Does anyone remember the time when cinema was still produced mainly for the screen? After the recording process of the Cinemascope, the even wider “Cinerama” had been developed in the early 1950s. The idea behind these formats was to create a feeling of width. Inevitably, however, they were then drawn into the newer medium of television, where they created a rather claustrophobic feeling of unease: stagecoaches or Roman chariots – tiny, they chased along within a narrow strip of film surrounded by black bars.
Back in the days of Cinemascope, we seemed to be these days, since interpersonal relationships are only disembodied via the zeros and ones of digital communication, when the »Kitesh« stage set is given in Halle. And there, too, it was now, behind the scenes, mainly about questions of format.
Almost always over the past hundred years, the theatre’s developmental thrusts have taken their starting point in the intimate setting of smaller venues. Only here, where the actor and the theatregoer come close to each other in a small audience and a vibrant field of conflict between the real and the fictional arises, could – and perhaps had to – create a new aesthetic that, with the sophistication of illusion theatre, also pushed the separation of the spheres between artist and audience overboard, bringing the visitor into the play and understanding him or her as a participant.
But what happens when such a theatrical approach, as it remains decisive for Hauen und Stechen, encounters the machinery of the municipal theatre, whose architecture alone is already oriented towards a contrary idea and whose directors, halfway understandable, are still measured by their employers in terms of capacity utilisation payments?
For this reason, the houses of Halle, Wuppertal and Bremen still insist on two hundred visitors per performance at “Kitesh” – and that is quite a compromise. But it’s difficult for Hauen und Stechen to make the theatre under these conditions with which they have made a name for themselves as a group.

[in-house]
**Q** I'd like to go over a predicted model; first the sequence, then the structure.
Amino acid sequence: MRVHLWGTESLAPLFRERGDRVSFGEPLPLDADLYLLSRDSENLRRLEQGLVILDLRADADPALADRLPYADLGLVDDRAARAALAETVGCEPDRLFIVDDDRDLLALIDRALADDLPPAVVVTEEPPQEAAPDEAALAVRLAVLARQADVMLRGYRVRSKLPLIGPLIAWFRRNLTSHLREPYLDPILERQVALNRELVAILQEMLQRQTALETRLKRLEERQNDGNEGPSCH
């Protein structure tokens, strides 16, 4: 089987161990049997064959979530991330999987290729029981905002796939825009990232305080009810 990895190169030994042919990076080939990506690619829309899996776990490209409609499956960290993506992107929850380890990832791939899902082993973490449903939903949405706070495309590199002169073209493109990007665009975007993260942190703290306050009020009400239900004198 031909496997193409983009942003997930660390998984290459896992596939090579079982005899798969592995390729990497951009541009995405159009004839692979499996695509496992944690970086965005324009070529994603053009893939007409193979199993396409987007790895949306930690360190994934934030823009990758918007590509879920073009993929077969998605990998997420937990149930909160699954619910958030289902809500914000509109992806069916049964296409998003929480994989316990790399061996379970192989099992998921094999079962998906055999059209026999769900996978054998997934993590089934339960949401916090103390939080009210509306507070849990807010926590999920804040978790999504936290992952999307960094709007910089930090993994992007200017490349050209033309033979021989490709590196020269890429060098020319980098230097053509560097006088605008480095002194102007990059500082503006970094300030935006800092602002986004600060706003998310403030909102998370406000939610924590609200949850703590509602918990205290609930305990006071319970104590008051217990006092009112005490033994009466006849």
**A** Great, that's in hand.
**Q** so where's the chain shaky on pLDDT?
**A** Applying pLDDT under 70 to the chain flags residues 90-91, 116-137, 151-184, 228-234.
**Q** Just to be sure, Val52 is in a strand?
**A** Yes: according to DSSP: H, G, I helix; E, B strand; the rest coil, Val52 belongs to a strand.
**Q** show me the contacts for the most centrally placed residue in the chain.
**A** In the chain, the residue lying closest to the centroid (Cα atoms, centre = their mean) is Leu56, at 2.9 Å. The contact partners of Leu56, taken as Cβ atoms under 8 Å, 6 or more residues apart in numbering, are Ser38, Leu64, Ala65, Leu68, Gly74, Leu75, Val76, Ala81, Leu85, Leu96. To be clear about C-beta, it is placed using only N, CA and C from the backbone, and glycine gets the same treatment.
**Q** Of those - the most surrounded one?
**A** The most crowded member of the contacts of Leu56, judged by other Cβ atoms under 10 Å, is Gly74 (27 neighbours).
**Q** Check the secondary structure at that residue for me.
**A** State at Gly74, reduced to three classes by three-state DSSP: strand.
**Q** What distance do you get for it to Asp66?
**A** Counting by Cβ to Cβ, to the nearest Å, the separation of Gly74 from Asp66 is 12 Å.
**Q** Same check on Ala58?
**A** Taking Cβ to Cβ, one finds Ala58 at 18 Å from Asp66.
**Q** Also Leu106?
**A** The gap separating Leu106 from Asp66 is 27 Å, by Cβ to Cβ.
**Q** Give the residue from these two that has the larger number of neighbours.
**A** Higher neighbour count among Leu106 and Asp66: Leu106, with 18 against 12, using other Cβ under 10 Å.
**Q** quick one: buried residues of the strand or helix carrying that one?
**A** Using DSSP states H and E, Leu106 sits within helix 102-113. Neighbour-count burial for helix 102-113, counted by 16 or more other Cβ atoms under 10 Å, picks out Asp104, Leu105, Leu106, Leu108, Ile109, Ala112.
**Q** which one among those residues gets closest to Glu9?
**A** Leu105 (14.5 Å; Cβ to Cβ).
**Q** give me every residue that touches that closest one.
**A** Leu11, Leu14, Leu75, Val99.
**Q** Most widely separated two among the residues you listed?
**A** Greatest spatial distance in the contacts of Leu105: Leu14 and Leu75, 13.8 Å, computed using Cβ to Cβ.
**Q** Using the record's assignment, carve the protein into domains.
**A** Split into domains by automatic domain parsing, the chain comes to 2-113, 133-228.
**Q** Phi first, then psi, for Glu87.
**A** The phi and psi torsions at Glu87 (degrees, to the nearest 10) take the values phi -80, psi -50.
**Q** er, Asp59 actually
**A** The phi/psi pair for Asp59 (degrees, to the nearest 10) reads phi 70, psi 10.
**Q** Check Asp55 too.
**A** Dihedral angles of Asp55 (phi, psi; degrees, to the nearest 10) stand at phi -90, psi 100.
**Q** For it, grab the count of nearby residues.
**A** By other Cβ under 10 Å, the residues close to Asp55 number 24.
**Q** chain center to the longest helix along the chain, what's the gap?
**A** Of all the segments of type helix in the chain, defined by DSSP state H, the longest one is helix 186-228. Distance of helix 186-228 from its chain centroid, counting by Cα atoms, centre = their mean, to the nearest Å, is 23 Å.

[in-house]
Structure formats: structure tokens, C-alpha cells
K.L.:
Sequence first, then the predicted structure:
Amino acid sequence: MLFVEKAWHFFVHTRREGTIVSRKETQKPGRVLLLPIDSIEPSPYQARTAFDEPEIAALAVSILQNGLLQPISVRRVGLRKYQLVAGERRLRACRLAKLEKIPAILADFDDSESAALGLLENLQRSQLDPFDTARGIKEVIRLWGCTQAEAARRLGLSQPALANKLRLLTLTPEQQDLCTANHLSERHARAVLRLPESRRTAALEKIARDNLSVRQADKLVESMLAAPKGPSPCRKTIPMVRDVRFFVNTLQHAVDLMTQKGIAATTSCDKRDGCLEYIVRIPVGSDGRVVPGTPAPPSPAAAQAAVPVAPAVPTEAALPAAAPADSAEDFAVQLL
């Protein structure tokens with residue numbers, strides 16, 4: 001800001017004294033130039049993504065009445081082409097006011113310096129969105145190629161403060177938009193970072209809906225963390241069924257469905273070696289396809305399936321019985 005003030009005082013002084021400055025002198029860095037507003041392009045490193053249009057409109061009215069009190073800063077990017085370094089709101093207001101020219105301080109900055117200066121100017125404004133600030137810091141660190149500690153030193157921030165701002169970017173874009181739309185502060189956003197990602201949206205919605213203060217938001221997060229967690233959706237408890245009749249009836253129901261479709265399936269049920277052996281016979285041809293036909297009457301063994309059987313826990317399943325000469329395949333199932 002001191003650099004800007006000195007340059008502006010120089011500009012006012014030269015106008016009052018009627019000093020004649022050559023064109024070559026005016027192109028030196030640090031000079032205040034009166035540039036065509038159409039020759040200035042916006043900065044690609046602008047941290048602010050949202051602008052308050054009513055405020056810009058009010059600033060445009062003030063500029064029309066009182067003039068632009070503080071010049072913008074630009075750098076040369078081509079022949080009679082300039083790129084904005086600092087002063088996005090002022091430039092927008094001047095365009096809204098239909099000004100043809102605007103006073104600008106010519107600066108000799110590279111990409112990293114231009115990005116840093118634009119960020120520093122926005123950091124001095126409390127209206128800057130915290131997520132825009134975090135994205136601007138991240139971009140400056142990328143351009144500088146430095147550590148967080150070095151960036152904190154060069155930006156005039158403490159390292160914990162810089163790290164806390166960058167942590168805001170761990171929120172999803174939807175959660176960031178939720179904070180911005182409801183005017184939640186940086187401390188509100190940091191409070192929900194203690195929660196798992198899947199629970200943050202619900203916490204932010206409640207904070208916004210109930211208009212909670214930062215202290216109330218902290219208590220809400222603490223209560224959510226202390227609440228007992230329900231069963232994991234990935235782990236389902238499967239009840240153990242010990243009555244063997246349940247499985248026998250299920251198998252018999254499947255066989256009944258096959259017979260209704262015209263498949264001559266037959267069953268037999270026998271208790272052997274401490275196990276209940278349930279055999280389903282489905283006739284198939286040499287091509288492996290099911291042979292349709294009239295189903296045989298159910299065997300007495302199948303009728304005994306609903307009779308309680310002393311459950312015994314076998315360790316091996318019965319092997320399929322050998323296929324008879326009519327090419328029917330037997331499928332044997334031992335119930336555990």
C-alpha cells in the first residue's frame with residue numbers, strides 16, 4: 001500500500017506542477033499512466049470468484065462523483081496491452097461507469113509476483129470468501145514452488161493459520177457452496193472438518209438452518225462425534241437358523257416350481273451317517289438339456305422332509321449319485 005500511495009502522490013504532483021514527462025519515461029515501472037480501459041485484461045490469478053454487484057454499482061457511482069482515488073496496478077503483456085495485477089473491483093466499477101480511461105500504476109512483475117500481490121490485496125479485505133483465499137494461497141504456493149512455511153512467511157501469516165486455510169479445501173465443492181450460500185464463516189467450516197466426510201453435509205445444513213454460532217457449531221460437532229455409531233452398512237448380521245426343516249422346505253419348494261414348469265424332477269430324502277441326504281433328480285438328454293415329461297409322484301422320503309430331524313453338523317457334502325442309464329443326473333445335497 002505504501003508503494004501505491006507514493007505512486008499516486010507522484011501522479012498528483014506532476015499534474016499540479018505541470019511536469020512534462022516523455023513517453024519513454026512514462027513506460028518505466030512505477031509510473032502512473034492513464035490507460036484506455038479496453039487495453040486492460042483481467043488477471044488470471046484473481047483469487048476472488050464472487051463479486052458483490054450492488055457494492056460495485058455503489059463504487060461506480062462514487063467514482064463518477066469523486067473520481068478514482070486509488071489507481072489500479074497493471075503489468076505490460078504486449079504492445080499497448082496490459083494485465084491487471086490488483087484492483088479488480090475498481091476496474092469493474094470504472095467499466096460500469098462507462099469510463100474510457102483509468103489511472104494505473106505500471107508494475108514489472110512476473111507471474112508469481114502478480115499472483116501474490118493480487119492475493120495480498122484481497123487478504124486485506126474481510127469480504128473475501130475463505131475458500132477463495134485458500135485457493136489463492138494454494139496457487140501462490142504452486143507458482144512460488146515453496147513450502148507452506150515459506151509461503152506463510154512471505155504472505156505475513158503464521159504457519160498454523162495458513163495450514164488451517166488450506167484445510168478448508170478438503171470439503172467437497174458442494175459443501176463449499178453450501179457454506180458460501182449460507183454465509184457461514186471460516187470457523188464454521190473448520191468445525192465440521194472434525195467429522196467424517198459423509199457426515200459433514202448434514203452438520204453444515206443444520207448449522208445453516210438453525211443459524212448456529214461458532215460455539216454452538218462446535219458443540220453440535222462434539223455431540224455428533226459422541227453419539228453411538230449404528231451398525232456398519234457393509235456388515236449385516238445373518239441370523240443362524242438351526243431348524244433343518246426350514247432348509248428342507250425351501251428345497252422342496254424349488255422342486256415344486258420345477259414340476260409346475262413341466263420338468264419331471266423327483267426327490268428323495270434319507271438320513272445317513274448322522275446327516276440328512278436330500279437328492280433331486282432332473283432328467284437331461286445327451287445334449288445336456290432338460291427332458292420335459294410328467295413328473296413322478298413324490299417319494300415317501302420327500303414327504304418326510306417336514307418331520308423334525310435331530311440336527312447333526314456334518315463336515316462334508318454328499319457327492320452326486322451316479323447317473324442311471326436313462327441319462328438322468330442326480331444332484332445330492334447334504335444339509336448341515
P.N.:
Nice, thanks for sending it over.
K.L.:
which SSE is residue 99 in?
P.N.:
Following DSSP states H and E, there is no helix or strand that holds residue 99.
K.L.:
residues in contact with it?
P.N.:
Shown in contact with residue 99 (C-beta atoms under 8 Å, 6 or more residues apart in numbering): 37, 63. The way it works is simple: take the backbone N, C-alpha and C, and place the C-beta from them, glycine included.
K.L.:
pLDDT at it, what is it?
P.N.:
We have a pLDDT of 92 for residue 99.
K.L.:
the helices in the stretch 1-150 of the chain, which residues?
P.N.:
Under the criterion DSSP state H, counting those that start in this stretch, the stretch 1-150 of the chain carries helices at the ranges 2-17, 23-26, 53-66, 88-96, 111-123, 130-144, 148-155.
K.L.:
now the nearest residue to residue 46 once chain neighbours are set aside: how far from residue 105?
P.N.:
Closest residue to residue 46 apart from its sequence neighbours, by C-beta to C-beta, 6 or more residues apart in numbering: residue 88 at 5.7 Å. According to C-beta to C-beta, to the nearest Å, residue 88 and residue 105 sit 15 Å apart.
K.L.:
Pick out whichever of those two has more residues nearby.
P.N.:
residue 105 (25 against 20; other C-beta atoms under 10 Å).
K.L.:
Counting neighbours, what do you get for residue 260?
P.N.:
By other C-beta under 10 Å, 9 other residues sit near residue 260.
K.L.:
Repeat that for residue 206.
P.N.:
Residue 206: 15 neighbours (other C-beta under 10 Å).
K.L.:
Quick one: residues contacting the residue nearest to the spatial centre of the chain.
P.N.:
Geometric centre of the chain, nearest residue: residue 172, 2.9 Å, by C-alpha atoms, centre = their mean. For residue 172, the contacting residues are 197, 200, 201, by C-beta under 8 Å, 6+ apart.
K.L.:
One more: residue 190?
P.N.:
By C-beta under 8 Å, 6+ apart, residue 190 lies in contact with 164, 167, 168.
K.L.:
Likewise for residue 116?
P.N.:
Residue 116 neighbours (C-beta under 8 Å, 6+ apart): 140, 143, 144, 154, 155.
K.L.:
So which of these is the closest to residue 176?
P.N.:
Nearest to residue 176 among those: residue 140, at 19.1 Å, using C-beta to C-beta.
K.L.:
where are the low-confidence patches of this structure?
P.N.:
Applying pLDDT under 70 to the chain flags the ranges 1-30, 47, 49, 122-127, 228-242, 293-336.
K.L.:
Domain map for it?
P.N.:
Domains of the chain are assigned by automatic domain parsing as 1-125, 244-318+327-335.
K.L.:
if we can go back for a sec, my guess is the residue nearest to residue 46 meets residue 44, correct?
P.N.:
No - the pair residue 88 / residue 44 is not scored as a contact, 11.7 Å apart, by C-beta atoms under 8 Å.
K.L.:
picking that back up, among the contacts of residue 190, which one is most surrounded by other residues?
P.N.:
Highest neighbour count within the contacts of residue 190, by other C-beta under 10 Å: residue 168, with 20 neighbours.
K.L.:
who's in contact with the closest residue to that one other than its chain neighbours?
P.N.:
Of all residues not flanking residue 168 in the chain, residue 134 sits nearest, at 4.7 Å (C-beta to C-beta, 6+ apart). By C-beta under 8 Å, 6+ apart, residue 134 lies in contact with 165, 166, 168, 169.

That’s why “Kitesh” still has the houses of Halle, Wuppertal and Bremen insisting on two hundred visitors per performance, and that’s a compromise in itself. But it’s difficult for them to make the kind of theatre under these conditions with which they have made a name for themselves as a group.
No more typical feXm conflict could be imagined. Two systems that have so far been incompatible, analogous to those used in the early days of cinema and television, collide here. As in the case of the film and monitor format (one less wide today, the other wider than before), city theatres on the one hand, and free scenes on the other, will be forced to take new paths, but this should not be a separation that fixes both on outdated patterns.
However, anyone who, thanks to all the current screening of historical performances and video transmissions from deserted auditoriums, follows the theatre of these days on their PC will learn that the stage here is like Peter Schlemihl, who sold his shadow. With rapid changes in location and the alternation of close-up and distant perspectives, film has become an art form in its own right, one that still has little in common with theatre. Unintentionally, all the compensatory performances with which the stages try to keep their audiences in line reflect above all the untransferability of the theatrical experience into the digital world and thus the full depth of the momentary loss. Not only must the speech and action of even the best stage performer appear hollow and exaggerated when they appear in a foreign medium. In reaction to the language of film, theatre also had to reflect on what it has ahead of film. The concept of the separation of audience and actor belongs to film today. However, no other art is so beaten by social distancing as that of theatre.